24 HR CRISIS LINE 604-872-8212

What We do and Who We Serve

Our services are available to all women who have experienced male violence including wife battering, incest, rape, sexual assault, sexual harassment and prostitution.

We are the longest standing rape crisis centre in Canada. Since 1973, our group has responded to close to 46,000 women seeking our support in their escape from male violence. Since we opened our transition house in 1981, we have housed over 3,000 women and over 2,600 children.

The operation of our rape crisis centre and transition house are forms of direct action, developed for women by women in the 1970s as a part of the second wave of the North American women’s movement. More than just providing immediate safety, we offer a place to group, analyze, strategize and fight back against male violence. 

In addition to our frontline work, we put a substantial effort into public education, as it’s an essential tool for social change. We are intentional in organizing public education events that are free, open and accessible to all.

We are also active in national women’s equality reforms. In the past few years we appeared in the Supreme Court of Canada as intervener in the case of the murder of Cindy Gladue; we conducted cross examinations and made oral and written submissions as a party with standing at the National Inquiry into Murdered and Missing Indigenous Women and Girls; and we spoke to the House of Commons and to the Senate of Canada on legislative reforms related violence against women.

We provide assistance to women and girls in prostitution who have been assaulted by johns, pimps or men pressuring them into prostitution. We provide assistance to women who are currently being prostituted, women who are trying to escape prostitution, and women who have been trafficked into prostitution. Our services for women and girls in prostitution include crisis line support, transitional housing, accompanying women to the police, and helping them find immediate relief when faced with a situation of violence.

We wish to abolish (end) prostitution because we understand prostitution as sexual exploitation and male violence against women. Prostitution normalizes the subordination of women. It exploits and compounds systemic inequality on the basis of sex, race, poverty, age and disability.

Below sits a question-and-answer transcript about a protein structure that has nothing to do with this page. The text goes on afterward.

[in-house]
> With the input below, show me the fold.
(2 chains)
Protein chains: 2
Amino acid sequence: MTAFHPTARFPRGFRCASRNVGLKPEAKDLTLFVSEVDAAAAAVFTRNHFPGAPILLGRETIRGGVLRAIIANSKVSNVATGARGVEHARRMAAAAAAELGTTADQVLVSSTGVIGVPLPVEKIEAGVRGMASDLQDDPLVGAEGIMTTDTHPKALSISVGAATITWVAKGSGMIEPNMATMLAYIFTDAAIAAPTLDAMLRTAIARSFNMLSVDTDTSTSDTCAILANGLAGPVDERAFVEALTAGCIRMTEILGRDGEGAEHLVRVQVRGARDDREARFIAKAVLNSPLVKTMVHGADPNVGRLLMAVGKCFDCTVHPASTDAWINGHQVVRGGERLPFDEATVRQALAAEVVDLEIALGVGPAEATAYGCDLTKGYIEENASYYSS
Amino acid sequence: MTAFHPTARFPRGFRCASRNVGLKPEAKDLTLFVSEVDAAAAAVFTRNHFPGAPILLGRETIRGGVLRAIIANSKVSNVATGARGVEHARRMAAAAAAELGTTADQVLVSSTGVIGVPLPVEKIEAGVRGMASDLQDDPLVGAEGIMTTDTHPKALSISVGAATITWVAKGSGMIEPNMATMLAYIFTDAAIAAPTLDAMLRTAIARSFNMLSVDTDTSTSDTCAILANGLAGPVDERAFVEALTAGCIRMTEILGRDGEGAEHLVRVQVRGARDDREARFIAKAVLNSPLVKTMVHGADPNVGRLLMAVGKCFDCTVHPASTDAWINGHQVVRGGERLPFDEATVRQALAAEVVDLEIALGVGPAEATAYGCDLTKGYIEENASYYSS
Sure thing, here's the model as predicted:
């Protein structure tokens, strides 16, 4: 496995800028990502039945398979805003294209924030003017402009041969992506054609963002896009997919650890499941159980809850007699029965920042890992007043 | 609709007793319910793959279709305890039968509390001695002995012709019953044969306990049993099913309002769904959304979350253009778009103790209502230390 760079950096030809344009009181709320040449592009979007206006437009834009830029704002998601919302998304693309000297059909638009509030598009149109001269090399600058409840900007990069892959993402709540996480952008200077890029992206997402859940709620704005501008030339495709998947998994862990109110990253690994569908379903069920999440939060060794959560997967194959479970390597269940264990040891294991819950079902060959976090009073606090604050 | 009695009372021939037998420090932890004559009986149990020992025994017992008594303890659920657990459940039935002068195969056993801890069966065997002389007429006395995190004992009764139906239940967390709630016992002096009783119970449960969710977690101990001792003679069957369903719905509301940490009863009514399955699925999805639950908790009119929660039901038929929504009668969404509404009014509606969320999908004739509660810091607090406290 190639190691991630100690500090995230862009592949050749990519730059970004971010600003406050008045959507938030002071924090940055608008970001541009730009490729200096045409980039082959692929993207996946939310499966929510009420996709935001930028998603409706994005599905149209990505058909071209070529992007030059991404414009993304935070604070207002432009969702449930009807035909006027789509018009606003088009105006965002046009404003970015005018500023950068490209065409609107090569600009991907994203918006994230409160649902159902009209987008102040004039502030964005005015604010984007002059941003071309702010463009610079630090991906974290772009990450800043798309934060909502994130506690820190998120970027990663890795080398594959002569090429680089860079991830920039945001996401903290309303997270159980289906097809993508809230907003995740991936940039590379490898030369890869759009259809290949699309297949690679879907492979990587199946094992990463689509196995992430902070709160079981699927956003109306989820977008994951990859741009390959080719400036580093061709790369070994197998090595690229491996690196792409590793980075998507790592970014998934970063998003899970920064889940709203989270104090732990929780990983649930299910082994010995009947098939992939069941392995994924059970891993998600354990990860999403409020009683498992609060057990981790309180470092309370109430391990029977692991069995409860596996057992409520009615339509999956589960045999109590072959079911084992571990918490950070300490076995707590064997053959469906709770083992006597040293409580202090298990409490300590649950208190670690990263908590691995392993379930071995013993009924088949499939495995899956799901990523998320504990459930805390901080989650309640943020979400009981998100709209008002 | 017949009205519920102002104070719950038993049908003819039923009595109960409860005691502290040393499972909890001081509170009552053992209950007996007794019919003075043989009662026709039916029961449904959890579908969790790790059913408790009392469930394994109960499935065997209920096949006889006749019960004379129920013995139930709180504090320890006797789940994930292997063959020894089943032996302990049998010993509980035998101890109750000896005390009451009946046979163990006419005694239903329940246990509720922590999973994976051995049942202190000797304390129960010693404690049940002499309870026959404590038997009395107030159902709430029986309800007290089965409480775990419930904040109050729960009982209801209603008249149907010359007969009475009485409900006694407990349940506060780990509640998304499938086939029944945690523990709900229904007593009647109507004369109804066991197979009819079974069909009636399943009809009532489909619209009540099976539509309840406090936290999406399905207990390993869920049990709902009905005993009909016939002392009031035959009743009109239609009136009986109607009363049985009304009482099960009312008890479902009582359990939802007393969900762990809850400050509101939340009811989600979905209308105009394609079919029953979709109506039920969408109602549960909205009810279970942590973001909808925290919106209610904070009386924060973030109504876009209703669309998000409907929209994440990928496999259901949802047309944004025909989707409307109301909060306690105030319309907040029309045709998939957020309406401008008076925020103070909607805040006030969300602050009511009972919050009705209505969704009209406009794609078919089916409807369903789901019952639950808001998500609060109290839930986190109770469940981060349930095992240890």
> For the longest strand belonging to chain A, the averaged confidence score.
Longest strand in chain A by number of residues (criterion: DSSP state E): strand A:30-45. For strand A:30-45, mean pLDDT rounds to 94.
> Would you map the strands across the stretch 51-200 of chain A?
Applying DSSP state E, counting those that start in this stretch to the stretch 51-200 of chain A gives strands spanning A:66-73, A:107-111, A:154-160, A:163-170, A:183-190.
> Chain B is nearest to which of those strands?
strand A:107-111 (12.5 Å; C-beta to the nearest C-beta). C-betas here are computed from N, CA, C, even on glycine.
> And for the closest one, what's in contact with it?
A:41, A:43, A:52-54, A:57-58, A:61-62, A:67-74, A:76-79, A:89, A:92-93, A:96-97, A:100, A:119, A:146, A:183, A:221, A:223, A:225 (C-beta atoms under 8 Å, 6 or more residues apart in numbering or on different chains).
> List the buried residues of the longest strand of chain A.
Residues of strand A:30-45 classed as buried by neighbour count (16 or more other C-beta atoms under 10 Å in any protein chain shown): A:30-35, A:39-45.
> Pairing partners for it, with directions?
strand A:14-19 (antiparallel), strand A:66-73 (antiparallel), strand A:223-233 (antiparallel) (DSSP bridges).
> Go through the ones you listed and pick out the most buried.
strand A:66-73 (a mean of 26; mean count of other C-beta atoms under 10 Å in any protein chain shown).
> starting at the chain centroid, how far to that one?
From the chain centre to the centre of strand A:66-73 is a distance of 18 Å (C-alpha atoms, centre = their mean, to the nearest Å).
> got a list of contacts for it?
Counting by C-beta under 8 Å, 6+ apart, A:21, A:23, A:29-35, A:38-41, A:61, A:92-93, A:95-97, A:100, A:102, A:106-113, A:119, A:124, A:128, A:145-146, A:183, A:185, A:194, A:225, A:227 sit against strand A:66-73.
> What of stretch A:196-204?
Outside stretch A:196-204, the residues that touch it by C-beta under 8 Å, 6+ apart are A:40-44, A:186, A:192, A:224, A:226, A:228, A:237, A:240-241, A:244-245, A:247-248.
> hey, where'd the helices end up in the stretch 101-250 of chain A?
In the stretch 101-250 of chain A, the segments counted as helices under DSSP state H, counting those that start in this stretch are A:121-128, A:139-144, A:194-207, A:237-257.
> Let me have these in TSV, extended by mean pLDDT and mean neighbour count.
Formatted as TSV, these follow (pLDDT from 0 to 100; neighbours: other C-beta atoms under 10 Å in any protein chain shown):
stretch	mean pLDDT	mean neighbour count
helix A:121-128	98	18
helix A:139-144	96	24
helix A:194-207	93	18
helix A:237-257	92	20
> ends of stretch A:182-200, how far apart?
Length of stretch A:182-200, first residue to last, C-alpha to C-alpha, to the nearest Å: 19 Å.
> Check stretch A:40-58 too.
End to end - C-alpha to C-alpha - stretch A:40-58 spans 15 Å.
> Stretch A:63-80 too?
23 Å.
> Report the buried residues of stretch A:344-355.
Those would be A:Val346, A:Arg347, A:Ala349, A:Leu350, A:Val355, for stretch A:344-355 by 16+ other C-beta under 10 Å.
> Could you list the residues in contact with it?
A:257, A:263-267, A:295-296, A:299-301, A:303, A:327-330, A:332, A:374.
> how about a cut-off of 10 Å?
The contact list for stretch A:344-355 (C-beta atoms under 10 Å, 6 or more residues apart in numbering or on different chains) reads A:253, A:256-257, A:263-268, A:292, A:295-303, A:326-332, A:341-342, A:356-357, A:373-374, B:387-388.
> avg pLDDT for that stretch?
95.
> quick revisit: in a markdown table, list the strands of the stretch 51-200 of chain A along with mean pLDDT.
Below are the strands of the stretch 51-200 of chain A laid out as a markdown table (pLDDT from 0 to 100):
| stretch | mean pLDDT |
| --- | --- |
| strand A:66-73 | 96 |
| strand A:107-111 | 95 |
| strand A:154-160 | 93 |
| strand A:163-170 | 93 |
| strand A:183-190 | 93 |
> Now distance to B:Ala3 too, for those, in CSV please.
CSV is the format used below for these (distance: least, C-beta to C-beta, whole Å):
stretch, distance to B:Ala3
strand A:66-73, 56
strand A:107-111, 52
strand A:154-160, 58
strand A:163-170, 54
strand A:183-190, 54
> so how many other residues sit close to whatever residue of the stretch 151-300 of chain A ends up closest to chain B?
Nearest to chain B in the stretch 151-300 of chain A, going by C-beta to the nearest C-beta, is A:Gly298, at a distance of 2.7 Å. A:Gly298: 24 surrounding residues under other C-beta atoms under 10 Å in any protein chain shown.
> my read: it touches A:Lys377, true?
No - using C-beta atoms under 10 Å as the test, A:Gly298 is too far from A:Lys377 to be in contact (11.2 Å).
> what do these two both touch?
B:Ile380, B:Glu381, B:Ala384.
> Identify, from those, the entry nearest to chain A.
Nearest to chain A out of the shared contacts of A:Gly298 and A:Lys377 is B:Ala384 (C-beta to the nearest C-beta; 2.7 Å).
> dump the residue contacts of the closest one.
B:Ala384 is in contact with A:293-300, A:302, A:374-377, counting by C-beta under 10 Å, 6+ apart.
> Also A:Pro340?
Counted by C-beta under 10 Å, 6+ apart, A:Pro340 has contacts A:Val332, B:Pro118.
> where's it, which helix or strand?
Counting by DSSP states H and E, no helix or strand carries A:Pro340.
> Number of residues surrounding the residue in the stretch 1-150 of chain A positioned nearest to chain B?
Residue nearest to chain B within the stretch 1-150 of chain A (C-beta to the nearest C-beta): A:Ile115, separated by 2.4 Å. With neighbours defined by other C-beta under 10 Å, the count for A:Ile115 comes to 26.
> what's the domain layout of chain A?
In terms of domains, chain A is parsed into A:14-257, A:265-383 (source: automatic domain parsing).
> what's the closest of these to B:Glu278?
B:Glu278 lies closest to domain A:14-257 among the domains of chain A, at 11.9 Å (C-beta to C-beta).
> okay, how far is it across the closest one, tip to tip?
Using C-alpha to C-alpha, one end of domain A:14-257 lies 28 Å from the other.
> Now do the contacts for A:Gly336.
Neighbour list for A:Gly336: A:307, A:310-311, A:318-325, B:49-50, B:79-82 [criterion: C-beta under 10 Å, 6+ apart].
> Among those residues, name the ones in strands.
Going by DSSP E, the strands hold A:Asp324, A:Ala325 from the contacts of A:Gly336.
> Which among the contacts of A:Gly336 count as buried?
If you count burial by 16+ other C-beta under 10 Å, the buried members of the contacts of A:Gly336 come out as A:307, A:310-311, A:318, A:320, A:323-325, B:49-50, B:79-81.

Our analysis of prostitution as a harmful patriarchal institution and our commitment to abolition is derived from, and reinforced by, the prostituted women who call us and the members of our own collective who have exited prostitution.

Women in the sex trade do not need to agree to our terminology, or our analysis, or to exit the sex trade in order to receive our full services and our complete support.

Being born female still means being trained, socialized and forced to submit to male domination. The fact that we are born female and raised as girls into adult women shapes our lives in profound ways.

Male violence against us is one harsh and common experience, but it is not the only way our lives are impacted by being born female. Our sexuality is controlled and manipulated — whether by punishing women for not being virgins, or by the promotion of pornography and BDSM as liberating expressions of women’s sexuality. Our reproductive ability is controlled and manipulated — whether through forced abortion and sterilization, pressuring women to get pregnant, or forcing women’s pregnancy through rape.

Being girls and women in this world often impacts both how we look and how we act in private and in public; what we are allowed to do, encouraged to do, and rewarded for; and also, what we are discouraged from doing, prohibited to do, or punished for.
And from that place, in a woman-only space, with other women—who have the shared experience of being born without a choice to the oppressed class of women—we come together to organize and strategize our resistance and our fight for all women’s liberation.

We know that people whose behaviour is not consistent with the patriarchal socially imposed definition of manhood or womanhood, including trans people, suffer discrimination and violence. Trans people deserve and must live in safety, and have the equal rights and opportunities that are promised to us all. While some of our core services are not open to people who do not share our life experience of being born females and raised as girls into our current womanhood, we have a collective commitment to see to the safety anyone who calls our crisis line, including trans people.

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